Schaeffer's Trading Floor Blog

The VIX and the Case of the Missing Bulls

AAII data is consistent with what we've seen with the VIX

by 2/7/2014 7:30 AM
Stocks quoted in this article:

Amazing what a couple of weeks will do to sentiment. This, from Bespoke:

In the last week of 2013, bullish sentiment on the part of individual investors rose to its highest levels since January 2011 (55.06). Now in the span of just six weeks, the bullish camp has been halved. According to the weekly survey of bullish sentiment from the American Association of Individual Investors (AAII), bullish sentiment declined from 32.2% last week to 27.90% this week. This represents the lowest reading for bullish sentiment since last April.

The volatility in this data series is pretty intense. It wasn't that long ago we were seeing multi-year highs in bullish sentiment.

Now, I wouldn't get carried away with any one indicator. AAII conducts a survey; it says nothing of what its members are actually doing. I tend to go more with numbers that measure where money is actually going as opposed to where it says it might go.

Having said that, it's certainly a sentiment consistent with what we've seen in the volatility markets. As we noted earlier in the week, VIX-Everything is booming in terms of both volume and the price of what everyone's actually buying.

VVIX is the most confusing index ever invented. It measures the volatility of CBOE Volatility Index (INDEXCBOE:VIX) options. Vol of Vol! It's a little misleading at times, given that there's a large skew in VIX options. The higher the VIX strike, the higher the implied volatility. VVIX uses the VIX methodology to calculate itself. Thus, as VIX itself rises, higher-strike VIX calls become closer to the money, resulting in a greater weight in the VVIX calculation. As such, VVIX will generally lift as a function of VIX itself rising, regardless of whether VIX options have actually seen an increase in their implied volatility.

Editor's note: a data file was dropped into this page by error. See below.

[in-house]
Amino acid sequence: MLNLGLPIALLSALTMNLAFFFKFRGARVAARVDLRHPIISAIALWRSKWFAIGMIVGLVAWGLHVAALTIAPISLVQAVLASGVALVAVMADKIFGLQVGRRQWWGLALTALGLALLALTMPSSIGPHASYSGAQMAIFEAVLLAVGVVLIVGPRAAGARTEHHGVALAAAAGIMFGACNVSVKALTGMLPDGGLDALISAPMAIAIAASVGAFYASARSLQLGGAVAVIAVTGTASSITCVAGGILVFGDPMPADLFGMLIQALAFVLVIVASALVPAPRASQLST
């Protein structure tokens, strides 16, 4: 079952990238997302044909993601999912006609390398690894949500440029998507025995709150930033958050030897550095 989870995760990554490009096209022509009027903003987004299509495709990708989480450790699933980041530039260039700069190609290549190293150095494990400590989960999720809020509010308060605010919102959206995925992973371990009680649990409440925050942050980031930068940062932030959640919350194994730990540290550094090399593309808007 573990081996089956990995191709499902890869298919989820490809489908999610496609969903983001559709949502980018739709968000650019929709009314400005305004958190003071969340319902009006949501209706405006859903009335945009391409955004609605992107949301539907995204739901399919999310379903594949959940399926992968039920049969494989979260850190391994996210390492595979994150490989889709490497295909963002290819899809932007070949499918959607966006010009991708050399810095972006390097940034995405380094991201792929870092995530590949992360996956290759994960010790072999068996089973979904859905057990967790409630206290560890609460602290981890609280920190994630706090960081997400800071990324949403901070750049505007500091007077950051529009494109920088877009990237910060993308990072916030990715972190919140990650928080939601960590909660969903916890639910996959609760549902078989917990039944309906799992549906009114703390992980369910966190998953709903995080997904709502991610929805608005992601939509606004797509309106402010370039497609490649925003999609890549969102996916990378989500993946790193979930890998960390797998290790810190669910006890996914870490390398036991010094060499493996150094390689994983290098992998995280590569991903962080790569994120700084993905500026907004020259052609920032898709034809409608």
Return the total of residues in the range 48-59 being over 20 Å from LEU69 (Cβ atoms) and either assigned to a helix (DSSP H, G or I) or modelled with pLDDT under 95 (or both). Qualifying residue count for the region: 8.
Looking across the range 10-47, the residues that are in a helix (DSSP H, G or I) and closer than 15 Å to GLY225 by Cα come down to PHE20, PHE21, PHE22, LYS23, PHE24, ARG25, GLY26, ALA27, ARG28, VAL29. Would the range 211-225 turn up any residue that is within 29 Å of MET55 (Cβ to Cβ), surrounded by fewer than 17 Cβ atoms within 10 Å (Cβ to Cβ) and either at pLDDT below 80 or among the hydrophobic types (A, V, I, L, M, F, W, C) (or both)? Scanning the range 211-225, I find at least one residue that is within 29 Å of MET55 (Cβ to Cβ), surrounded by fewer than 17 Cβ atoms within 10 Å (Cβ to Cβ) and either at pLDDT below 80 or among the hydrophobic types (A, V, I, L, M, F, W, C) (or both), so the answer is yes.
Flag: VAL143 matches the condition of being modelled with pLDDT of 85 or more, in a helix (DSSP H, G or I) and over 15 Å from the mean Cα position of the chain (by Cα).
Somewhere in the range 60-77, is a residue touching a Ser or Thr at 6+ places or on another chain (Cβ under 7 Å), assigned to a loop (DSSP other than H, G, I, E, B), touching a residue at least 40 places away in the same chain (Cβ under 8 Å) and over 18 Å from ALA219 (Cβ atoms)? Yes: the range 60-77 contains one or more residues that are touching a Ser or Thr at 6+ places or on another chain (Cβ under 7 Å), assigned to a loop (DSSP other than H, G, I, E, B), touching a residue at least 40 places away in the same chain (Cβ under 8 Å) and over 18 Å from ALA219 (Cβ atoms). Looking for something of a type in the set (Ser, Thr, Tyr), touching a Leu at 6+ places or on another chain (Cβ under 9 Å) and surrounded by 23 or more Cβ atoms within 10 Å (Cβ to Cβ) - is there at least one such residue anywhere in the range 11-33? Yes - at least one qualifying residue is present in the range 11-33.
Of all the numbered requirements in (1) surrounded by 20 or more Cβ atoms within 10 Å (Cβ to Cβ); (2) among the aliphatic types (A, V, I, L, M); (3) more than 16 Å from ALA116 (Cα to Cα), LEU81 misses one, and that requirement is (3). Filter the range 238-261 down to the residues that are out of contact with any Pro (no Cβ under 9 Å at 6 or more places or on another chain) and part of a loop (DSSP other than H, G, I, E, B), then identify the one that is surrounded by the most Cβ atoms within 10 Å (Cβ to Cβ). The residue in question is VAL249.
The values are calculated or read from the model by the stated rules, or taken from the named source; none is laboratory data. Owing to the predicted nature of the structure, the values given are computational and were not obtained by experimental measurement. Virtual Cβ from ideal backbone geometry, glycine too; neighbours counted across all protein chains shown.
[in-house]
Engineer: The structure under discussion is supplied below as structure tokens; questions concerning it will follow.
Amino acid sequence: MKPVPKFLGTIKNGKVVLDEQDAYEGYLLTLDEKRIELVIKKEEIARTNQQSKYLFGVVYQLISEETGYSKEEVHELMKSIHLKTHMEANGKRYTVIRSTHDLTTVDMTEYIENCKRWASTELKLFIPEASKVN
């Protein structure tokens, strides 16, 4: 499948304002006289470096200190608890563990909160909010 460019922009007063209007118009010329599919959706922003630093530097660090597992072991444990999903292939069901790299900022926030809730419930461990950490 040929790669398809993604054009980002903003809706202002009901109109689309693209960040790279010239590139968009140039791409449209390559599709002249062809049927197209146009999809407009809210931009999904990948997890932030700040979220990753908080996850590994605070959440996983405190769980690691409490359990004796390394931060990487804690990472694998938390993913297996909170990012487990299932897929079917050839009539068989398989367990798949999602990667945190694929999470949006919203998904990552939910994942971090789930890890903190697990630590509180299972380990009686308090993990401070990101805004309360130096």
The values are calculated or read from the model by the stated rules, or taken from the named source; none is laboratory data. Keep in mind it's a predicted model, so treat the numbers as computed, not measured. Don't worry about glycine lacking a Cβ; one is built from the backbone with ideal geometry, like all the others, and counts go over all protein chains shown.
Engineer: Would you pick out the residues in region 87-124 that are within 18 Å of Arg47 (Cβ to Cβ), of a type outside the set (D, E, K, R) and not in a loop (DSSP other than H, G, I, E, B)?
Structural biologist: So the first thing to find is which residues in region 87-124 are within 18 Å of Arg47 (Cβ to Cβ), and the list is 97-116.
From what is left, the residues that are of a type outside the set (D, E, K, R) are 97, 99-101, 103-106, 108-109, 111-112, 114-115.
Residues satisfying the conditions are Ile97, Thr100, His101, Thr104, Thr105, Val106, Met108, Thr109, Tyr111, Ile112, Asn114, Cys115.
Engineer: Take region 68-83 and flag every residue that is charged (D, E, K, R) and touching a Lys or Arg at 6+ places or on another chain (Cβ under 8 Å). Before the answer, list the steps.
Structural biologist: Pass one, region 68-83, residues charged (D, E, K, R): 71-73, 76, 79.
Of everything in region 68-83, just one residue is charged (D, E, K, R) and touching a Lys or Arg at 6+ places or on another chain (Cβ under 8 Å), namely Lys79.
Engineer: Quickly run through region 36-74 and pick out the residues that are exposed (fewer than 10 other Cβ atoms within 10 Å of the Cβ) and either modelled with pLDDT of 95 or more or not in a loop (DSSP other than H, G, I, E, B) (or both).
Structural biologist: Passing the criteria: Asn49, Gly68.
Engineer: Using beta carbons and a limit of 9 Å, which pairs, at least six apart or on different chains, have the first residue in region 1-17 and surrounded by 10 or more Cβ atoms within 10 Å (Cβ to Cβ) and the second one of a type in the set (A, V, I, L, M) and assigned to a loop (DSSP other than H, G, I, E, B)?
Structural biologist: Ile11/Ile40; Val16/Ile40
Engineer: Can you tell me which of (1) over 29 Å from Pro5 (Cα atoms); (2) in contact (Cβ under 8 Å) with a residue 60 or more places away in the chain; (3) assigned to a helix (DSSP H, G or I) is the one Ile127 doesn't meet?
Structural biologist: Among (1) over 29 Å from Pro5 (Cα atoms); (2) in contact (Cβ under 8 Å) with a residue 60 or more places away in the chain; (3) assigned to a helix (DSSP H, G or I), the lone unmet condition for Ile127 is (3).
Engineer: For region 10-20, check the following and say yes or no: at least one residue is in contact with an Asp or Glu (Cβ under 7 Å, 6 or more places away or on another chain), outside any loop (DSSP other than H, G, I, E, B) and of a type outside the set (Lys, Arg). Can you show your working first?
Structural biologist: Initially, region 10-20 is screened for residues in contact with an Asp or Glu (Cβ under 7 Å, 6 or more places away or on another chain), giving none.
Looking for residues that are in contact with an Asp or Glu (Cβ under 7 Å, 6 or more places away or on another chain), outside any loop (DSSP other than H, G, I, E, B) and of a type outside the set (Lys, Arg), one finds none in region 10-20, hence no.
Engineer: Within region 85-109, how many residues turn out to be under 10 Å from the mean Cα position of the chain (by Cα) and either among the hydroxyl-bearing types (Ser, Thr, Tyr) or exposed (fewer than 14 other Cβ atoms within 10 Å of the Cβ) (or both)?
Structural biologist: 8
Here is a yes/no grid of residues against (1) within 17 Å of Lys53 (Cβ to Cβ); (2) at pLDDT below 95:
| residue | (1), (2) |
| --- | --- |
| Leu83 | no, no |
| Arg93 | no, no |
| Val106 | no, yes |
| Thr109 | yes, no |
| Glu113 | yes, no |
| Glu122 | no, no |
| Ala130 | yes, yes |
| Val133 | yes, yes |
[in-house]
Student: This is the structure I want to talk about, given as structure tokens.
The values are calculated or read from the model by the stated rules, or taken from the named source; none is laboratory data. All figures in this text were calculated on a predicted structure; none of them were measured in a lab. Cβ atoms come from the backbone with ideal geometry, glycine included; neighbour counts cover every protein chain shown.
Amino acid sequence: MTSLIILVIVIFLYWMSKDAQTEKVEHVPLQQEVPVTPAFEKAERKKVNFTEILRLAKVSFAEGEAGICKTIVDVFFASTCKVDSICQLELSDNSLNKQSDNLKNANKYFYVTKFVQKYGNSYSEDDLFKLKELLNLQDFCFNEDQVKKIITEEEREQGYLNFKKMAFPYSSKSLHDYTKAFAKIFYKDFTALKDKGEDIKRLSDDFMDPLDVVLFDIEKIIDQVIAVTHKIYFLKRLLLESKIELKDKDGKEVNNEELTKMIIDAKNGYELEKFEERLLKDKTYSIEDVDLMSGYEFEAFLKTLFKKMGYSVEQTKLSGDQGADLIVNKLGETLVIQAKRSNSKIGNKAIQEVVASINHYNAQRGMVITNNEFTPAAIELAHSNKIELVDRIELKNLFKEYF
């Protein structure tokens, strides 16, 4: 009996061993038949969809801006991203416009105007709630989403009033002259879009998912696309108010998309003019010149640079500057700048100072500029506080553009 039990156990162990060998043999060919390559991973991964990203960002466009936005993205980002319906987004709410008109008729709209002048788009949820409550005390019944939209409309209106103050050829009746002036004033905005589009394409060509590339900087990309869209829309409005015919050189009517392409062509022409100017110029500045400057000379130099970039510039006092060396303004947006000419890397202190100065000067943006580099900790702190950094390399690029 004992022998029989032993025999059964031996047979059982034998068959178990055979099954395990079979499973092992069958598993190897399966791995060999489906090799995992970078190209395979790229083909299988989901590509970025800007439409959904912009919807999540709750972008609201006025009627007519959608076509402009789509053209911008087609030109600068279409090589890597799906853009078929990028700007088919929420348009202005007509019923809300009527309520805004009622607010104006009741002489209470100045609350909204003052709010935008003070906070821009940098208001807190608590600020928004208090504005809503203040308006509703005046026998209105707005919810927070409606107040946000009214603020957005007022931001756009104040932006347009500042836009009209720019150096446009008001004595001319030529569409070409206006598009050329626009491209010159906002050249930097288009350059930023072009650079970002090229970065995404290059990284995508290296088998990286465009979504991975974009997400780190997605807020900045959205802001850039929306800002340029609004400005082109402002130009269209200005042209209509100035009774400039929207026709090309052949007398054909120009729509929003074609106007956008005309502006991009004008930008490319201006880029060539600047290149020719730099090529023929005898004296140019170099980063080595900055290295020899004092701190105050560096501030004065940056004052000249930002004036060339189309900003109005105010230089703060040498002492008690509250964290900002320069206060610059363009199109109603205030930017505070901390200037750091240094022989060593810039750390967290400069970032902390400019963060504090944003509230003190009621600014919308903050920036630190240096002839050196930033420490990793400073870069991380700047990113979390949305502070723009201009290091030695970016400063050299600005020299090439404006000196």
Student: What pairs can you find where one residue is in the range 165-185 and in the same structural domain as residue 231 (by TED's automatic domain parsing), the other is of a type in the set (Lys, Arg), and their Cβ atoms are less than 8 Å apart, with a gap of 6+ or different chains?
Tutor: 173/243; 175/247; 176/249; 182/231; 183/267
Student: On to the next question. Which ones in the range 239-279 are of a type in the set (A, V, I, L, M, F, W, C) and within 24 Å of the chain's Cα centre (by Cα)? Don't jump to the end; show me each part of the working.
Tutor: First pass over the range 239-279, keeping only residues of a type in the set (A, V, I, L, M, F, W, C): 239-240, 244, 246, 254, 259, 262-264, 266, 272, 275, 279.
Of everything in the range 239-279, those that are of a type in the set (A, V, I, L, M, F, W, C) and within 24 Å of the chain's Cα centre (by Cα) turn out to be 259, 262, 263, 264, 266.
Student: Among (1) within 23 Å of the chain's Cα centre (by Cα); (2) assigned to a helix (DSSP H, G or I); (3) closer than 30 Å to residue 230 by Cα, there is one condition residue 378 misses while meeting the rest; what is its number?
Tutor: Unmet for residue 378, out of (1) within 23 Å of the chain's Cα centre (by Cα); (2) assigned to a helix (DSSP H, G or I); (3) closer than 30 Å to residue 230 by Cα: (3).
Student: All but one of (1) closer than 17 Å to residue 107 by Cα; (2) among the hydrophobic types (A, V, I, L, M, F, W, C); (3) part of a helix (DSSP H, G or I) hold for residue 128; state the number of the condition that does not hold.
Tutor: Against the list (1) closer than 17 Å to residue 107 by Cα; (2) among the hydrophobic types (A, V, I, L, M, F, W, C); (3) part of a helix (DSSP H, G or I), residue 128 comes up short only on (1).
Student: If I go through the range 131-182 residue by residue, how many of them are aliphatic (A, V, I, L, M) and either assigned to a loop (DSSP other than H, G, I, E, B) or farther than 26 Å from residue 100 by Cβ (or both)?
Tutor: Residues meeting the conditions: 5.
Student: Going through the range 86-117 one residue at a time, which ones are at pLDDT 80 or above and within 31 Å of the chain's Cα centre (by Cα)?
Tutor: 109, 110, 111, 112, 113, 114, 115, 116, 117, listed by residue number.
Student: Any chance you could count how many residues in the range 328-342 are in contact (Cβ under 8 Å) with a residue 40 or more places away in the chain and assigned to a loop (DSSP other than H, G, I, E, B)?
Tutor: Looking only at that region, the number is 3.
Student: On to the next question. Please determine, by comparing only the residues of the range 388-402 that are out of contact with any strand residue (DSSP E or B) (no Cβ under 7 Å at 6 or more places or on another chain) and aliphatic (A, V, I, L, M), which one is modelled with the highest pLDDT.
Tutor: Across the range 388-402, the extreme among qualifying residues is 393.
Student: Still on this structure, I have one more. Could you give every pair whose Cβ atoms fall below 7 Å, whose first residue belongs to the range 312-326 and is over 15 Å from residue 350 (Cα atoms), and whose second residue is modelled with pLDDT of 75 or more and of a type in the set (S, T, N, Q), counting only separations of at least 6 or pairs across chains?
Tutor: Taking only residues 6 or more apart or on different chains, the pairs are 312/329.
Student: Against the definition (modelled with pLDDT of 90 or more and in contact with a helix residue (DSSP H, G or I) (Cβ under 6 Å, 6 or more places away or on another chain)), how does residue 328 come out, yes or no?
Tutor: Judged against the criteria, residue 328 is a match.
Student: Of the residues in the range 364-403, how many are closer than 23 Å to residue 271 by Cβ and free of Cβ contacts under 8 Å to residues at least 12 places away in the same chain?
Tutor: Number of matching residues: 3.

Got that? You won't be tested. Nickel version is that a rise in VIX in and of itself causes a rise in VVIX.

So, setting aside that disclaimer for a sec, the rise in VVIX is still impressive. From Jan. 23 to the VIX peak on Monday, VVIX rallied from 78.25 to as high as 109.67. It's safe to infer that investors have paid up for all those VIX calls that traded on Monday.

Throw it all together, and it's clear the public has flipped on the "Fear" switch over the past couple of weeks. It's a contrary tell, but they haven't exactly been whipsawed so far. Even with yesterday's volatility pullback, the iPath S&P 500 VIX Short-Term Futures ETN (VXX) is still up about 10% since VIX got overbought on Jan. 24. My "system" trade that goes long SPDR S&P 500 ETF (NYSEARCA:SPY) when VIX closes 20% above its 10-day simple moving average and then closes when VIX closes back below the 10-day would have closed just yesterday. The average holding period amidst a "Low VIX" backdrop is 5.4 trading days. This one took nine trading days, just short of the highest readings (11 days). It was successful 27 of the last 32 times, but not this one. It lost 0.79%.

It's tough to analyze these VIX pops without the benefit of hindsight. But early indication is that this is one of the uglier and longer-lasting shakeouts amidst an otherwise strong market. Hard to believe, seeing as so far, it's not that long-lasting or particularly ugly.

Obviously, it could ultimately become the first warning sign that the Bull has ended, but again, we won't know that for a while.

Disclaimer: Mr. Warner's opinions expressed above do not necessarily represent the views of Schaeffer's Investment Research.


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